Tuesday, 8 June 2010

Niggles, odds and sods

After a long hiatus, I'm back. Blogging takes up a surprising amount of time and energy, but now I'm no longer spending that energy elsewhere I can come back to this. And what a surprise, I'm going to start by ranting!

Use of language and the economy. Gordon Brown, cursed be he, started this during his failed election campaign by using words to the effect of "reducing tax take is taking money out of the economy". This is a very telling attitude from the hard-left statists; they appear to believe that the "economy" is purely whatever money the government controls. The private sector, which creates wealth, gets nary a mention. Predictably enough, the "less tax take = less money in the economy" mantra has been taken up by the left as their new stick to attack Conservative economic proposals.

The coalition government. It's an interesting development and one that neutralises the ability of Labour to attack it thanks to the Lib Dem involvement. There are still many at grassroots level who struggle with the idea that their "natural partners" are now in direct opposition. Cameron and Co are also dealing with the deficit practically and sensibly, including by asking the public for their suggestions. The BBC's carefully moderated Have Your Say forum is, in its usual anti-Tory stance, against the ridiculous notion that a government should actually listen to its people.

However, all is not well with the coalition: Cameron's attempts to limit the government to a five year fixed term and requiring a 55% vote of MPs in the Commons to pass a motion of no confidence is very worrying. Not only does it smack of power consolidation for its own sake, but it's also a dangerous attempt at tinkering with the very constitution of Britain. Even Lady Thatcher is disquieted by this.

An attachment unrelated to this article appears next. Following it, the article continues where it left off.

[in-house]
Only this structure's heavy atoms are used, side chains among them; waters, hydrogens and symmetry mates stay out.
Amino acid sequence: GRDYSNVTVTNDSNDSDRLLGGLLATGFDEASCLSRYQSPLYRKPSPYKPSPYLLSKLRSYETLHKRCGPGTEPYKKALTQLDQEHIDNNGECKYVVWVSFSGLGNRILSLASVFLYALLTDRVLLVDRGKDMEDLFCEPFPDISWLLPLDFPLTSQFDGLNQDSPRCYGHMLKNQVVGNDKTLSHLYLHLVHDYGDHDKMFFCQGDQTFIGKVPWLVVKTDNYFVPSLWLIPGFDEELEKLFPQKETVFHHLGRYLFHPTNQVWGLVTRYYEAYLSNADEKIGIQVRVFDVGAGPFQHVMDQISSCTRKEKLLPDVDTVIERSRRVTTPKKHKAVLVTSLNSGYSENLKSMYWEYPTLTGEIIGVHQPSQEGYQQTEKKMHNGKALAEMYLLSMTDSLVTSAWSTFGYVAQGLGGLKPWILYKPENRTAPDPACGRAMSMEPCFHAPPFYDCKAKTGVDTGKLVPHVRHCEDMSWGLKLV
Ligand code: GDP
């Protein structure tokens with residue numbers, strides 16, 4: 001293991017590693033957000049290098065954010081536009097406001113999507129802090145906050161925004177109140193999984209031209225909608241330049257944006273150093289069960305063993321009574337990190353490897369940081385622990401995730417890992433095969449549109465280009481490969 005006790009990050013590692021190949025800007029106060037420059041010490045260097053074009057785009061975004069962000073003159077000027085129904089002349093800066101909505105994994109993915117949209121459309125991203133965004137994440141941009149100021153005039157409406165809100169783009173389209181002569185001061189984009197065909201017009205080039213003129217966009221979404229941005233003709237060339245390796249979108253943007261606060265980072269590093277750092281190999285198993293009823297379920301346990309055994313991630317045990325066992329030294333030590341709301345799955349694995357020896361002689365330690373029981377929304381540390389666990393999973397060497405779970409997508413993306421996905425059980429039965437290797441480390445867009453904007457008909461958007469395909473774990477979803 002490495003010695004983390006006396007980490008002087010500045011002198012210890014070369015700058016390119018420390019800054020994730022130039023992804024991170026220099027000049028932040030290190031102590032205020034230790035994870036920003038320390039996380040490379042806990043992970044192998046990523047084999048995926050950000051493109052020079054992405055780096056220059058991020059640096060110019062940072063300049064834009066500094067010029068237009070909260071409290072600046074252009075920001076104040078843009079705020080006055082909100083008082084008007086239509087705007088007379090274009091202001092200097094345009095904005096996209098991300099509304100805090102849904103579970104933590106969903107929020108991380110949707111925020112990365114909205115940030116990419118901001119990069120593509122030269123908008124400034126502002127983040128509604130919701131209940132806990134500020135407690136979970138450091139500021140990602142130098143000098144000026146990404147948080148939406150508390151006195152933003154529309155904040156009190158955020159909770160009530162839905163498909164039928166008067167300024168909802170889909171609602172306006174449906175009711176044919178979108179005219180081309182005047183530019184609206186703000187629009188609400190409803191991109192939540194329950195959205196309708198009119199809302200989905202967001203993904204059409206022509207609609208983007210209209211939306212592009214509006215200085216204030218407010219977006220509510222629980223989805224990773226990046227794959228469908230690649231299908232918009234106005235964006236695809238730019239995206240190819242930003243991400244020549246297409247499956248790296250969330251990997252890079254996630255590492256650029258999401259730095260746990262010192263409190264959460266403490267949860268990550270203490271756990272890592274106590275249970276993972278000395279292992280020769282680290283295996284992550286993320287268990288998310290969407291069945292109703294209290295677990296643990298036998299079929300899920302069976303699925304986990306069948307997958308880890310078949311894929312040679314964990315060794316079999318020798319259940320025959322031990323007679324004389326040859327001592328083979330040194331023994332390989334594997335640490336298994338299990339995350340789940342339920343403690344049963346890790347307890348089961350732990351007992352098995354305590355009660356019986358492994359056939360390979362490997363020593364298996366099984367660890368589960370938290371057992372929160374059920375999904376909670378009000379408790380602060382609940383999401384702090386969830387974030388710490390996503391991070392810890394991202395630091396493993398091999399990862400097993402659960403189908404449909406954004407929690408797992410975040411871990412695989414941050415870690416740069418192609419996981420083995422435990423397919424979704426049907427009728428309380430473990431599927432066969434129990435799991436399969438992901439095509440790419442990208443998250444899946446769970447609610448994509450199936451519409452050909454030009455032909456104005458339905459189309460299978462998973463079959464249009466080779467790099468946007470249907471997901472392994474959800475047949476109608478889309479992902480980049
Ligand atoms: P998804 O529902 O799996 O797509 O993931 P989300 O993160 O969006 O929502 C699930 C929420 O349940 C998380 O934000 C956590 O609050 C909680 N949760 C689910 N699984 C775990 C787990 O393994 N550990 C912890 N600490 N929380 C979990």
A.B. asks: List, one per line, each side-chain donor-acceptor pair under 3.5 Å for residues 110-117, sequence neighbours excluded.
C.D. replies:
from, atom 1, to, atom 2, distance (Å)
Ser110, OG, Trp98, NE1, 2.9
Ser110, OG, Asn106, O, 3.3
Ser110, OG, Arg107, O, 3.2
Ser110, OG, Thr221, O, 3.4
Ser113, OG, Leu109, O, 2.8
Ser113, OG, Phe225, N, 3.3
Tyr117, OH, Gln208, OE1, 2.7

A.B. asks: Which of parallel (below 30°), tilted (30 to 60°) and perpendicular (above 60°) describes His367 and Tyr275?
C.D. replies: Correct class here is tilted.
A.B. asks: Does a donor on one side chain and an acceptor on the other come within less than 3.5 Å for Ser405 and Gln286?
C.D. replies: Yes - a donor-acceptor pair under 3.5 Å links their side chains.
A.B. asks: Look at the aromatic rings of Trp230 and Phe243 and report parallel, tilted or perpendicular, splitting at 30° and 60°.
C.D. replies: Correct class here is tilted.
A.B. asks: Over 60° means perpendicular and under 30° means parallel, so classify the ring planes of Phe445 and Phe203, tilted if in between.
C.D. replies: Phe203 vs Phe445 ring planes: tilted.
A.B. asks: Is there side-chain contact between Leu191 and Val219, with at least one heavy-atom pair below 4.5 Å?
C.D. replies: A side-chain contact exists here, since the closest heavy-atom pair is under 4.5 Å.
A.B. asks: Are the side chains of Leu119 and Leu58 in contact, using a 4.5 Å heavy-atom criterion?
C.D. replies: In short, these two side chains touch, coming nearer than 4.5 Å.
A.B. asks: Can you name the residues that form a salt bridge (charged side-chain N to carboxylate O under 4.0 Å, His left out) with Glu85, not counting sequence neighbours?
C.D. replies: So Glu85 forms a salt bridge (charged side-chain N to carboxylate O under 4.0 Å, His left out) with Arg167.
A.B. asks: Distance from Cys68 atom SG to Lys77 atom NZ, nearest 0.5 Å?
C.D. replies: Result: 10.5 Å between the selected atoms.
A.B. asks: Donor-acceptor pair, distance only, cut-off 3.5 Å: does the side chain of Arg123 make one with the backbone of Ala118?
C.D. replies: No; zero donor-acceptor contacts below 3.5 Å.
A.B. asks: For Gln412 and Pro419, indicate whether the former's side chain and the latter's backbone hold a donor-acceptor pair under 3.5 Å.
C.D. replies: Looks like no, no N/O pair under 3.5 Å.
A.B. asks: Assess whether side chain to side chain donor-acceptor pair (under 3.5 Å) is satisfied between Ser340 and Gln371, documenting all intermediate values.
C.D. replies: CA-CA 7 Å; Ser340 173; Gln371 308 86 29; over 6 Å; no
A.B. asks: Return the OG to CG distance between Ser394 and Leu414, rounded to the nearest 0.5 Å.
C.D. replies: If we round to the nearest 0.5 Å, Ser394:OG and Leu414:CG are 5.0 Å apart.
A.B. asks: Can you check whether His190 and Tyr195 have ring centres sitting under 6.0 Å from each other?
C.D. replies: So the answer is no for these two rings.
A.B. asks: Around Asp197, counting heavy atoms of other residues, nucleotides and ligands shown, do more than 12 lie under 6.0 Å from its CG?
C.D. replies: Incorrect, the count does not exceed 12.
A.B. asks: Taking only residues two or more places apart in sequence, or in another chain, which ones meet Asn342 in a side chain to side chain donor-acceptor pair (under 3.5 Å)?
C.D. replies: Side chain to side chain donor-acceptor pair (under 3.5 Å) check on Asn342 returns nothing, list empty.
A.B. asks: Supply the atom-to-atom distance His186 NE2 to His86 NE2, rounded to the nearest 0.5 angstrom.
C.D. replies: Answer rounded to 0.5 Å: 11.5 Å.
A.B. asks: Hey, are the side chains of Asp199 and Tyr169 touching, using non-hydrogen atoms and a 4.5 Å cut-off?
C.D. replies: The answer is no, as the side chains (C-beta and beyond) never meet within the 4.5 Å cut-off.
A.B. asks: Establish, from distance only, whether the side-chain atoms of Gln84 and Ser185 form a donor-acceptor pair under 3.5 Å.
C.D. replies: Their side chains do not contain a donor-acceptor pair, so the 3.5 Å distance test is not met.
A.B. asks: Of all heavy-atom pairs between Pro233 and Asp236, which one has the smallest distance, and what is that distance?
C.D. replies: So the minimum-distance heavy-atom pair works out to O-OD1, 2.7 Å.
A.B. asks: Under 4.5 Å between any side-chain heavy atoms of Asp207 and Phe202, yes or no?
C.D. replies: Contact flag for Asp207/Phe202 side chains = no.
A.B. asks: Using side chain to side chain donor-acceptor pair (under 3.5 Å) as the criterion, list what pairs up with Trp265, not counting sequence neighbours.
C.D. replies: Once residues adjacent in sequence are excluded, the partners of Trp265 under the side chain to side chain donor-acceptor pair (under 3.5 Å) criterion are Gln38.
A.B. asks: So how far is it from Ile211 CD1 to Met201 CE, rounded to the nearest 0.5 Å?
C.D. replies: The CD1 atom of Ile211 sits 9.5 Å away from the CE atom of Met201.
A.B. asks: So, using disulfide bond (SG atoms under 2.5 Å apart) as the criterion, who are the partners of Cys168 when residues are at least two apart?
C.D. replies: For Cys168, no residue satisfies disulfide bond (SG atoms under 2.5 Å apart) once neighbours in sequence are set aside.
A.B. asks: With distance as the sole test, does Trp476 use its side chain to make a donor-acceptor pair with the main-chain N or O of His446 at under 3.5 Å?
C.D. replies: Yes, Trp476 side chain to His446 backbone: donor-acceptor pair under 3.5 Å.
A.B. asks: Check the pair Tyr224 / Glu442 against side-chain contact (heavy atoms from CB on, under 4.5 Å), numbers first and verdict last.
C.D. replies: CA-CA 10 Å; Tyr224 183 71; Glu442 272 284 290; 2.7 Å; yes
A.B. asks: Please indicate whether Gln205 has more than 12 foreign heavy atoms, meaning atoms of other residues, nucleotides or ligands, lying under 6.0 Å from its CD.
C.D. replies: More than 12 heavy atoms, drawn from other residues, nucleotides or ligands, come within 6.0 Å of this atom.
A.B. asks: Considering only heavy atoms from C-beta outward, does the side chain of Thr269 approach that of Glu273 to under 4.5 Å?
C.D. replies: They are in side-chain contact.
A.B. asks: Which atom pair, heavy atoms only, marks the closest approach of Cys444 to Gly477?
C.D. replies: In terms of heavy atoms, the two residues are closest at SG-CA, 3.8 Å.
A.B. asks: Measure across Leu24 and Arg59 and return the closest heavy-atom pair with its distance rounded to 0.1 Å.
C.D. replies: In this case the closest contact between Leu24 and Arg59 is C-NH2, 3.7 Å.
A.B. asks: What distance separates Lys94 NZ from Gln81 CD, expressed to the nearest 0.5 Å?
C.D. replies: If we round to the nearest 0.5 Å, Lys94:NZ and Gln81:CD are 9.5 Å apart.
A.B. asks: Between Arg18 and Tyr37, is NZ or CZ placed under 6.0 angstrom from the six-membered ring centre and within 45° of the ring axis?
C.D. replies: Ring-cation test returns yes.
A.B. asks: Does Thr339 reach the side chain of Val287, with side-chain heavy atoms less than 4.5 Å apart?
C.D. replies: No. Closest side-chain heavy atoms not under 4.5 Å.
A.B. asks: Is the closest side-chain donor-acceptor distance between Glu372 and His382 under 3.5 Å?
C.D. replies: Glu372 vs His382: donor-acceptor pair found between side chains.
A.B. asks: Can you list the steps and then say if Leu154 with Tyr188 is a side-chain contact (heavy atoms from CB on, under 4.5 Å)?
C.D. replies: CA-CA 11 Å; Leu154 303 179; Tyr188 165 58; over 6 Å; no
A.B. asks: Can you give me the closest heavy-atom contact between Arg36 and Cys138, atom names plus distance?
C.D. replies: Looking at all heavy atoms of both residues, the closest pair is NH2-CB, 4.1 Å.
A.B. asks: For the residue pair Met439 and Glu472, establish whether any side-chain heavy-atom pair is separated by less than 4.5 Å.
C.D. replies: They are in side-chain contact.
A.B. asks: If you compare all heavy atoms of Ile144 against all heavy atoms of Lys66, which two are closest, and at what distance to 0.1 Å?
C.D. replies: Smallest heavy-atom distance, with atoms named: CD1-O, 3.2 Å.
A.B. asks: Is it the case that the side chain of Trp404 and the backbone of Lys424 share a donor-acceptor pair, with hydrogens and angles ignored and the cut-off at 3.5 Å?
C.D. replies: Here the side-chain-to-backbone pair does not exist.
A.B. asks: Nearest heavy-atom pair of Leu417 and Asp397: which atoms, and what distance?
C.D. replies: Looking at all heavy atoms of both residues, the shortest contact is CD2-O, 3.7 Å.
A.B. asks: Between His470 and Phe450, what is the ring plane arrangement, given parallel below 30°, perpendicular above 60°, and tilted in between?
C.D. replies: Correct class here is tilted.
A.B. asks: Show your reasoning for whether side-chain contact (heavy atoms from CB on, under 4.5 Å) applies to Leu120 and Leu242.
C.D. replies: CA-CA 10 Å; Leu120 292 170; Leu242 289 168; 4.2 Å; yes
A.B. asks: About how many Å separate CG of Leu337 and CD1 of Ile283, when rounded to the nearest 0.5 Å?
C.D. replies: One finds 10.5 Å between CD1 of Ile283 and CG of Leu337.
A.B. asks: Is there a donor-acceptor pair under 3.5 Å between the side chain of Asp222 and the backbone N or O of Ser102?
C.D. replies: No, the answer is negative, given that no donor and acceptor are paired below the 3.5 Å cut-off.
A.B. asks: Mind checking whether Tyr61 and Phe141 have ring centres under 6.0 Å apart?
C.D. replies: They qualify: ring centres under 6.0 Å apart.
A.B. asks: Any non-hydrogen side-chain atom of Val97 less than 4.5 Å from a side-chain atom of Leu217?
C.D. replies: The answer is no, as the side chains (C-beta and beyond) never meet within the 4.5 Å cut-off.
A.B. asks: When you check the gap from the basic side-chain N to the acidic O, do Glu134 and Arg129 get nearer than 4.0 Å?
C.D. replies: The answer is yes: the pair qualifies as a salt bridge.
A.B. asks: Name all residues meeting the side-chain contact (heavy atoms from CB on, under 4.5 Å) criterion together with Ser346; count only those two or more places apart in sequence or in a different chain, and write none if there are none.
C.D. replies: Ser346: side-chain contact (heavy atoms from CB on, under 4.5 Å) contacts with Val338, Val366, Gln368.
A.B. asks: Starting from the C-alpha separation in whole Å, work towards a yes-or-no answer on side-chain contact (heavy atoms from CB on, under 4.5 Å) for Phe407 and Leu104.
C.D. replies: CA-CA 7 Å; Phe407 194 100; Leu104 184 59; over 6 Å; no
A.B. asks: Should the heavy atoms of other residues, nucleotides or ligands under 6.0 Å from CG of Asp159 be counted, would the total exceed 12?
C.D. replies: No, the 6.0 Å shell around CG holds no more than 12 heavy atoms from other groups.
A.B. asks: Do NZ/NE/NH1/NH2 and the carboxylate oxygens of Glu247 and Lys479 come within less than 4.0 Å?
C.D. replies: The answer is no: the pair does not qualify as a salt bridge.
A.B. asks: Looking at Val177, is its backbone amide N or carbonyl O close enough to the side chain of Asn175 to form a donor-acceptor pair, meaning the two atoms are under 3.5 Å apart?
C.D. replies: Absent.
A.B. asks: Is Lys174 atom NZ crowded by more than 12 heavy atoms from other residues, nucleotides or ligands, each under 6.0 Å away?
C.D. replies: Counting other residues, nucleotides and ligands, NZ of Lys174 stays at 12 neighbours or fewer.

The Cumbria massacre and the media response. Again the BBC come under fire, this time for raising the notion that Britain's ridiculously illiberal gun control laws (second only to China and North Korea in severity) should be tightened even further. Firearms and shooting are an integral part of British society - a century ago there were no prohibitions on private ownership of firearms whatsoever. Since the end of WW1, the Establishment has progressively banned more and more types of firearm as well as granting the police powers to ban any firearm they deem "especially dangerous".

The licensing system itself, when properly administered, is one of the safest of its kind in the world; but it does not eliminate risk altogether. Nothing can. In Cumbria, a man with no previous history of instability just snapped overnight. Neither the police nor the licensing system can be blamed for his decision to go on the rampage. The response once he had started shooting can be examined, yes, but the law has already been tightened way beyond that of any other Western country. Leave it alone.

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